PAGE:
The characteristics of a “model teacher” match Glasser's (1990) description of a “quality teacher.” These teachers create classroom environments that are nurturing and risk-free, along the guidelines of constructivist theory as proposed by Vygotsky (Clark 1990). They are open-minded, direct, and nonjudgmental. Model teachers often use specific classroom situations as lead-ins to brief discussions about proper conduct and ethical behavior.
In such classrooms, teachers' enthusiasm and commitment are paralleled by students' enthusiasm and engagement in learning. Students do not work just to get the assigned work done—they are intrinsically motivated because they are doing meaningful work. Model teachers recognize students' contributions by restating them or posting them on the board. These teachers say things like, “There are no right and wrong answers.” In such classrooms, students can make mistakes without condemnation from others.
Model teachers show their sincerity and concern for students through their daily actions. One of the exemplary teachers I observed had a commanding presence, yet was a noncoercive authority figure in the classroom. She moved among students freely, making eye contact with them. She was observed to make individual requests only once, giving the impression that she did not repeat herself. In addition, she used inclusive language and cleared up misunderstandings as they arose: “All set? Are there any not with us?” Never angry with her students, she was patient yet persistent, saying, “It's your job. I can't do it for you.”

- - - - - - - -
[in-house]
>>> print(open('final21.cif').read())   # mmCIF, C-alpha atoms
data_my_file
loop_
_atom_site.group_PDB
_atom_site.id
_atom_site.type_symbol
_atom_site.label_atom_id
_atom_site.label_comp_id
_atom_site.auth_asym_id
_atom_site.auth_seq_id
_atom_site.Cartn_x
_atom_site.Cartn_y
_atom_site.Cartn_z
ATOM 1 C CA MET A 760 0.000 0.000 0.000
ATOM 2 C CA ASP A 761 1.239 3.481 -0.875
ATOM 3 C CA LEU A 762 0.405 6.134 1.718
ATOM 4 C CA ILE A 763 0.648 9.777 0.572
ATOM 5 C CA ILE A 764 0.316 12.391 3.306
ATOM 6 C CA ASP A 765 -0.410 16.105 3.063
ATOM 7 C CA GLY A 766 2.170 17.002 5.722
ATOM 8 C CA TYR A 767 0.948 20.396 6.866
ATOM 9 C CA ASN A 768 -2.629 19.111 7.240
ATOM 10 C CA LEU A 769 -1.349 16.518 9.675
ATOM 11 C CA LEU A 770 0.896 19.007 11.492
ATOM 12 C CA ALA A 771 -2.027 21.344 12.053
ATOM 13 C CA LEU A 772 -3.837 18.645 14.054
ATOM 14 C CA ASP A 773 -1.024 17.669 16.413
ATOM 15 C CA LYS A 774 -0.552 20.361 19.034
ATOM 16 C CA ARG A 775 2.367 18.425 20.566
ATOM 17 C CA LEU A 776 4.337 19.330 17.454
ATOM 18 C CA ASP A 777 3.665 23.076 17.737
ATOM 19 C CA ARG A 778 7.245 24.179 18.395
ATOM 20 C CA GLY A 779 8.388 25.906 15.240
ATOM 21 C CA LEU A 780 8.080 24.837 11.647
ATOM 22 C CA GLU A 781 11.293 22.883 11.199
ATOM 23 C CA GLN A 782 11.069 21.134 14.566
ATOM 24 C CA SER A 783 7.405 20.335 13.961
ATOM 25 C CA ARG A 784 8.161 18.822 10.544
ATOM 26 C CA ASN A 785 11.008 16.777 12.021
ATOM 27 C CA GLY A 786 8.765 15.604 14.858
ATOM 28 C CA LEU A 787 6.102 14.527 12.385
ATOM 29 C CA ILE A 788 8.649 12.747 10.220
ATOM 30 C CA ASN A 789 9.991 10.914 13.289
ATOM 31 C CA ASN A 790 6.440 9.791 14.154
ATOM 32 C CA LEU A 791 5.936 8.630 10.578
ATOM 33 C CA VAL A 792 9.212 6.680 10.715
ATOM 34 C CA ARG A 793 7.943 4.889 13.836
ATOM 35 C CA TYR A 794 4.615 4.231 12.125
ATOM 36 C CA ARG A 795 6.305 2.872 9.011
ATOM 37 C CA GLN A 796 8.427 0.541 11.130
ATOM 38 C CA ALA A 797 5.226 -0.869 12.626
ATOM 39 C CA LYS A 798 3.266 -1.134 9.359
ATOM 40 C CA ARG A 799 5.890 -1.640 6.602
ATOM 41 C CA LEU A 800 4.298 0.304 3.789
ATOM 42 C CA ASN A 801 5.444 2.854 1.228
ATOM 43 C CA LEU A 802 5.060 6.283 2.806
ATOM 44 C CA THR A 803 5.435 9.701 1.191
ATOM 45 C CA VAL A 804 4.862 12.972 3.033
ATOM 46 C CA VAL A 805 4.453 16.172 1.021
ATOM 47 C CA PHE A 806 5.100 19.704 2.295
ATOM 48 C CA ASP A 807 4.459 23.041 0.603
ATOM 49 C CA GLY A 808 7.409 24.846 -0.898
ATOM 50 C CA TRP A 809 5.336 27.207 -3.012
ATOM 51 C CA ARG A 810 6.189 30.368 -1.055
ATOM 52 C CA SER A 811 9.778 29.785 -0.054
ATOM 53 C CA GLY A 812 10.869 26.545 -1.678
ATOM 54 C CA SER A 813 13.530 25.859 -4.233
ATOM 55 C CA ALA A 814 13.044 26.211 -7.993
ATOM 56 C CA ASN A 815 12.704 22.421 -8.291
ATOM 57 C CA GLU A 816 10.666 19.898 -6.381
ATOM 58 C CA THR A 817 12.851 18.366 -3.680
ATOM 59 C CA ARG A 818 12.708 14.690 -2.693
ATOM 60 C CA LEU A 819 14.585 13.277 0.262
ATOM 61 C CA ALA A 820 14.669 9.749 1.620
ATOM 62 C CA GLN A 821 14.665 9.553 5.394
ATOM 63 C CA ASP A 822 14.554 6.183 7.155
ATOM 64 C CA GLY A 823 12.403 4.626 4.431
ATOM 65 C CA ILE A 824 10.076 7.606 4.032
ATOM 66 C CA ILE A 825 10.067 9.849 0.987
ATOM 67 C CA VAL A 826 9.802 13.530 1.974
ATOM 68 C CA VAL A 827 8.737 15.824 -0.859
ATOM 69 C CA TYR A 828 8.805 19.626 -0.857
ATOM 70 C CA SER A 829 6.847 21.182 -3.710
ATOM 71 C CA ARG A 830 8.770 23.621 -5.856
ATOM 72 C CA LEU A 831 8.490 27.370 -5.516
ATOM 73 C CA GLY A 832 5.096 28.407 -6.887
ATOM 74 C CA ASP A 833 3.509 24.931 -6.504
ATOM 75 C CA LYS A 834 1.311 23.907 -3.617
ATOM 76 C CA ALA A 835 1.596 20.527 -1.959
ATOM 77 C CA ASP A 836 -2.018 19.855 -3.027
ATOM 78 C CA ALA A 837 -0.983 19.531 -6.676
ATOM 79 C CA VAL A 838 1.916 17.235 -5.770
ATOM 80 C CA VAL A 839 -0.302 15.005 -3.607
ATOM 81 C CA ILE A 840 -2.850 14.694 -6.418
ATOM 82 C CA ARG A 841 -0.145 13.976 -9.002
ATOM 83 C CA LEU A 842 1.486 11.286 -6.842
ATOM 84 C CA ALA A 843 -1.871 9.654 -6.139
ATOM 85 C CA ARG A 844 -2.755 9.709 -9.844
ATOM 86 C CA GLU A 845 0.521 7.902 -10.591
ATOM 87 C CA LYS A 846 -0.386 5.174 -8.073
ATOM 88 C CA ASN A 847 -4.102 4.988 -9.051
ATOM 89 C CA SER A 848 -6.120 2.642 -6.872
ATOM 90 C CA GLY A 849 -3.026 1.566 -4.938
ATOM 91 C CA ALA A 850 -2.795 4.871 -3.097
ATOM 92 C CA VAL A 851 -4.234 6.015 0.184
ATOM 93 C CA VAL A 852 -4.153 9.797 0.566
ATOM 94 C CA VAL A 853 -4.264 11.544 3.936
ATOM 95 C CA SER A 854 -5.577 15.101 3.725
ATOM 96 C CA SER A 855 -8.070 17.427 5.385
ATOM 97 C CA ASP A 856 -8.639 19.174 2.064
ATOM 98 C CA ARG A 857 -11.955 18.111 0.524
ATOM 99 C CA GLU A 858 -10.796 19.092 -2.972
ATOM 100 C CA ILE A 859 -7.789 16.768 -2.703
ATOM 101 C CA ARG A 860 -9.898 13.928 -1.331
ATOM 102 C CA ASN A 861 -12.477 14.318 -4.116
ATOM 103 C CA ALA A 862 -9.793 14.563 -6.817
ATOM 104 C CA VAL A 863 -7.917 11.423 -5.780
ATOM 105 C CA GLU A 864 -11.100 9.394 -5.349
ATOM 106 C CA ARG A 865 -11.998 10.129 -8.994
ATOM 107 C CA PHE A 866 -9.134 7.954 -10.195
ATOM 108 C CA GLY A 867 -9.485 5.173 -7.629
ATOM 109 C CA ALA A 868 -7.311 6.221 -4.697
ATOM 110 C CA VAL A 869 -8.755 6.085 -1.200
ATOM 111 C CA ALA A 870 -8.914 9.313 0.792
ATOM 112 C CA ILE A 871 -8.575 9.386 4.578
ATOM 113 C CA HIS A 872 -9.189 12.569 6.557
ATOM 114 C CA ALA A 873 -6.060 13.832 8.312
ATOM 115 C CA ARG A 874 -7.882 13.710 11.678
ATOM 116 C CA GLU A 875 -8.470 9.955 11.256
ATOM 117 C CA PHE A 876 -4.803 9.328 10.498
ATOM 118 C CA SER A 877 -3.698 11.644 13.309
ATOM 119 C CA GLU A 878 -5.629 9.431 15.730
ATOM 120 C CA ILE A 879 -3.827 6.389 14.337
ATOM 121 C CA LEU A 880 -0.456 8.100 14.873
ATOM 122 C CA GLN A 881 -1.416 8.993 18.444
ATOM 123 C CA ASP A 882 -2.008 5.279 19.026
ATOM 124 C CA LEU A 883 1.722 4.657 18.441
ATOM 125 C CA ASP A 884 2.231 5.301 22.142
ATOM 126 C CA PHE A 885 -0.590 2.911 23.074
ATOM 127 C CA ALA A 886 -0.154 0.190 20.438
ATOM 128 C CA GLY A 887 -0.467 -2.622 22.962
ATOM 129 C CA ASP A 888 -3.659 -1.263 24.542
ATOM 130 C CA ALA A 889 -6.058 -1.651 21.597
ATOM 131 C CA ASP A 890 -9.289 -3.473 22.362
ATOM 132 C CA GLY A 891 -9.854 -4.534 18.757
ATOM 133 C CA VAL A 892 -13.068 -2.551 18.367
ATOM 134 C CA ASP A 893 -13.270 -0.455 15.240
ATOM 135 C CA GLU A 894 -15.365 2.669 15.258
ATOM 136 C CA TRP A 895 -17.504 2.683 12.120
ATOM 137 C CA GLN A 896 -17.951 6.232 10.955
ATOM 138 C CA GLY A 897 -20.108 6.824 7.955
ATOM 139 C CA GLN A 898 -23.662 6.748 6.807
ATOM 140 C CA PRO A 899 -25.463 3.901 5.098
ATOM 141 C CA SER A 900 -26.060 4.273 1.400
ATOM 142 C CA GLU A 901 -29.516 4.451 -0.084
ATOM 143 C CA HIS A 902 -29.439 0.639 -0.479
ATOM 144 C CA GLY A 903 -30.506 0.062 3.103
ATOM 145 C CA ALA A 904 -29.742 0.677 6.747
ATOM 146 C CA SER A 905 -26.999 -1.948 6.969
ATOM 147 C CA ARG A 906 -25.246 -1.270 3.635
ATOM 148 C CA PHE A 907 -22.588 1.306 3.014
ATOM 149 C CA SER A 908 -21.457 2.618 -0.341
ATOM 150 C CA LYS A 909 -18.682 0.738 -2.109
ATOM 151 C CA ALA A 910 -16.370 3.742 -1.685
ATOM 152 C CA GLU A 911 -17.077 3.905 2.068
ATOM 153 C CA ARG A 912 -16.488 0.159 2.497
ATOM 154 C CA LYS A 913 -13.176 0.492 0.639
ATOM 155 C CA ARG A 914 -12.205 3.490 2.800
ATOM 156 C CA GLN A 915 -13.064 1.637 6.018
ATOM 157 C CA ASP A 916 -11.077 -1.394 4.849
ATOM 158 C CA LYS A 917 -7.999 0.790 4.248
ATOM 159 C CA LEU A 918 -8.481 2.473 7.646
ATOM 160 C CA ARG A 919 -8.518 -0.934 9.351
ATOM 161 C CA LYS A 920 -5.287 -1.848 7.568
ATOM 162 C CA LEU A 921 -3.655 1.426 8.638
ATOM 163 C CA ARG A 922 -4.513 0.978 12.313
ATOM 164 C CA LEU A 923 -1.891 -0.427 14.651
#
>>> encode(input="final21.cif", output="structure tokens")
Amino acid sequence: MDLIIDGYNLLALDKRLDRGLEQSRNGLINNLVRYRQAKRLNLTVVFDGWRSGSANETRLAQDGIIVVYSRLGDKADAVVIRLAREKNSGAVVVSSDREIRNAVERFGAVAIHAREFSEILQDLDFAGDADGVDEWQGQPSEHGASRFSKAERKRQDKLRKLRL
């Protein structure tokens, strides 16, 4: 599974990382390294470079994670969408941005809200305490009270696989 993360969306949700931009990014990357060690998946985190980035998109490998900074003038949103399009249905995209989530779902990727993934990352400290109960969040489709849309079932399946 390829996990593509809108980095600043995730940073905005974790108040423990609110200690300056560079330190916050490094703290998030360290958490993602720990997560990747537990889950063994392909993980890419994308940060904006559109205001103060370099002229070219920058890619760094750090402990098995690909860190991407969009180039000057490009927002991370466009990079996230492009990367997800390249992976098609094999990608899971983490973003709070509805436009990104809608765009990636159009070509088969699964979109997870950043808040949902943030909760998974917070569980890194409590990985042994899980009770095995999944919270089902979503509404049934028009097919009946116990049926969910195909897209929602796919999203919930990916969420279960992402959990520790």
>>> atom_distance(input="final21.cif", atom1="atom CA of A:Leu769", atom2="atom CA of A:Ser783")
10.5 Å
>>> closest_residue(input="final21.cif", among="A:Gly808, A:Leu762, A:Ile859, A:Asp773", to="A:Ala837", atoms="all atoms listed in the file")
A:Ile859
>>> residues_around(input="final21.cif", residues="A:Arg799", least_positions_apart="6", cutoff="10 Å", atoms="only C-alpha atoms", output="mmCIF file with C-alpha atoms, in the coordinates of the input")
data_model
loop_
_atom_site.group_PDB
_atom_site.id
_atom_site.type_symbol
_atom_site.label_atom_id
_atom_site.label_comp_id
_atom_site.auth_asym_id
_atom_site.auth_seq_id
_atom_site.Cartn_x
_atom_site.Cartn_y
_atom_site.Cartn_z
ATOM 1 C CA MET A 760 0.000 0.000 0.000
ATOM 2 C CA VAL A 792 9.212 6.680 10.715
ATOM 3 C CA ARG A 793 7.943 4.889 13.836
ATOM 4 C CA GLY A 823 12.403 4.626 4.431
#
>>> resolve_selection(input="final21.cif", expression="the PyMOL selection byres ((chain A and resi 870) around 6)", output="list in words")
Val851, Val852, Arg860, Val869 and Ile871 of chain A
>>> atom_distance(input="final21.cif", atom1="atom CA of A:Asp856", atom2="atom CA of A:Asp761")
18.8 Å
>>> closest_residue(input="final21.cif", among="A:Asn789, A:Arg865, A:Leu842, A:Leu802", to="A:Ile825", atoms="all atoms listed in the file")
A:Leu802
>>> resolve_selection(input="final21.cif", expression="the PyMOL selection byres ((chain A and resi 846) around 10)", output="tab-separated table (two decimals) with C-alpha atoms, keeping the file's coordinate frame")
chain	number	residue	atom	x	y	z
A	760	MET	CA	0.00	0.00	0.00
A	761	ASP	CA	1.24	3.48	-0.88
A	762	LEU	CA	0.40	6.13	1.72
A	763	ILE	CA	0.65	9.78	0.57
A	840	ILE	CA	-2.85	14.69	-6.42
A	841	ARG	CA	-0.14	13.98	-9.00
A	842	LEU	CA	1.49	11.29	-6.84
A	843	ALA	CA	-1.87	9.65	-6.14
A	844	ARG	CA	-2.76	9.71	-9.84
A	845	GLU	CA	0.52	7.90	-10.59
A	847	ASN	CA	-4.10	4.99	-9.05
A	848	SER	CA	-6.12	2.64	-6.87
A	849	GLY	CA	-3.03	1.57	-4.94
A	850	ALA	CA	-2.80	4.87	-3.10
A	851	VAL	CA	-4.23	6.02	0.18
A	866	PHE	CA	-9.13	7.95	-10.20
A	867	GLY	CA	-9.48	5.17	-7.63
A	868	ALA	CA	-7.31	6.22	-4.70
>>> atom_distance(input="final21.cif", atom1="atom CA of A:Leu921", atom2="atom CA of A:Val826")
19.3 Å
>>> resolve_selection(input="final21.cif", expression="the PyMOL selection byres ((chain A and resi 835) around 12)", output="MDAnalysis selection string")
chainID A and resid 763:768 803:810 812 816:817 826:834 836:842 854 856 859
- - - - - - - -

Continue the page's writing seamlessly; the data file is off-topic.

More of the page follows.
This teacher was also skillful in delegating responsibilities to students without abandoning them. For example, one girl who was behind in a project looked sad because she had to continue working while others had free time. This teacher put her hand on the girl's shoulder and said, “I know this must be hard because you were sick last week. I'll help you get started. Then it won't take long.” Respectful actions like this help build students' confidence.

A Closing Note

“Do as I say, not as I do” clearly does not work. Quality teaching, coupled with an ethic of caring and respect for students as learners, is a powerful combination of behaviors that creates a positive moral climate in the classroom. If our classrooms lack such an environment, we risk graduating future generations of citizens without a sense of the common good, without respect for others and the environment, without tolerance or responsibility.

Clark, C. (1990). “The Teacher and The Taught: Moral Transactions in the Classroom.” In The Moral Dimensions of Teaching, edited by J. Goodlad, R. Soder, and K. Sirotnik. San Francisco: Jossey-Bass.

Glasser, W. (1990). The Quality School: Managing Students Without Coercion. New York: Harper & Row.

Williams, M. (1987). “Pilot Study” for the Boston University Character Project. [unpublished report]

Williams, M. (1992). How a Value Is Treated in Middle Schools: The Early Adolescents' Perspective. Michigan: University Microfilms International.

End Notes

1 W. Bennett, (1985), “Core Democratic Values” [fairness, kindness, honesty, persistence, responsibility, love of country, respect, and courage], as described in the proposal for the Boston University Character Project submitted by K. Ryan and S. Ellenwood.

2 W. Bennett, (1985), “Core Democratic Values” [fairness, kindness, honesty, persistence, responsibility, love of country, respect, and courage], as described in the proposal for the Boston University Character Project submitted by K. Ryan and S. Ellenwood.

3 Eighteen teachers, 54 students, 12 administrators, and 18 parents participated in the study.

Mary M. Williams has been a contributor to Educational Leadership.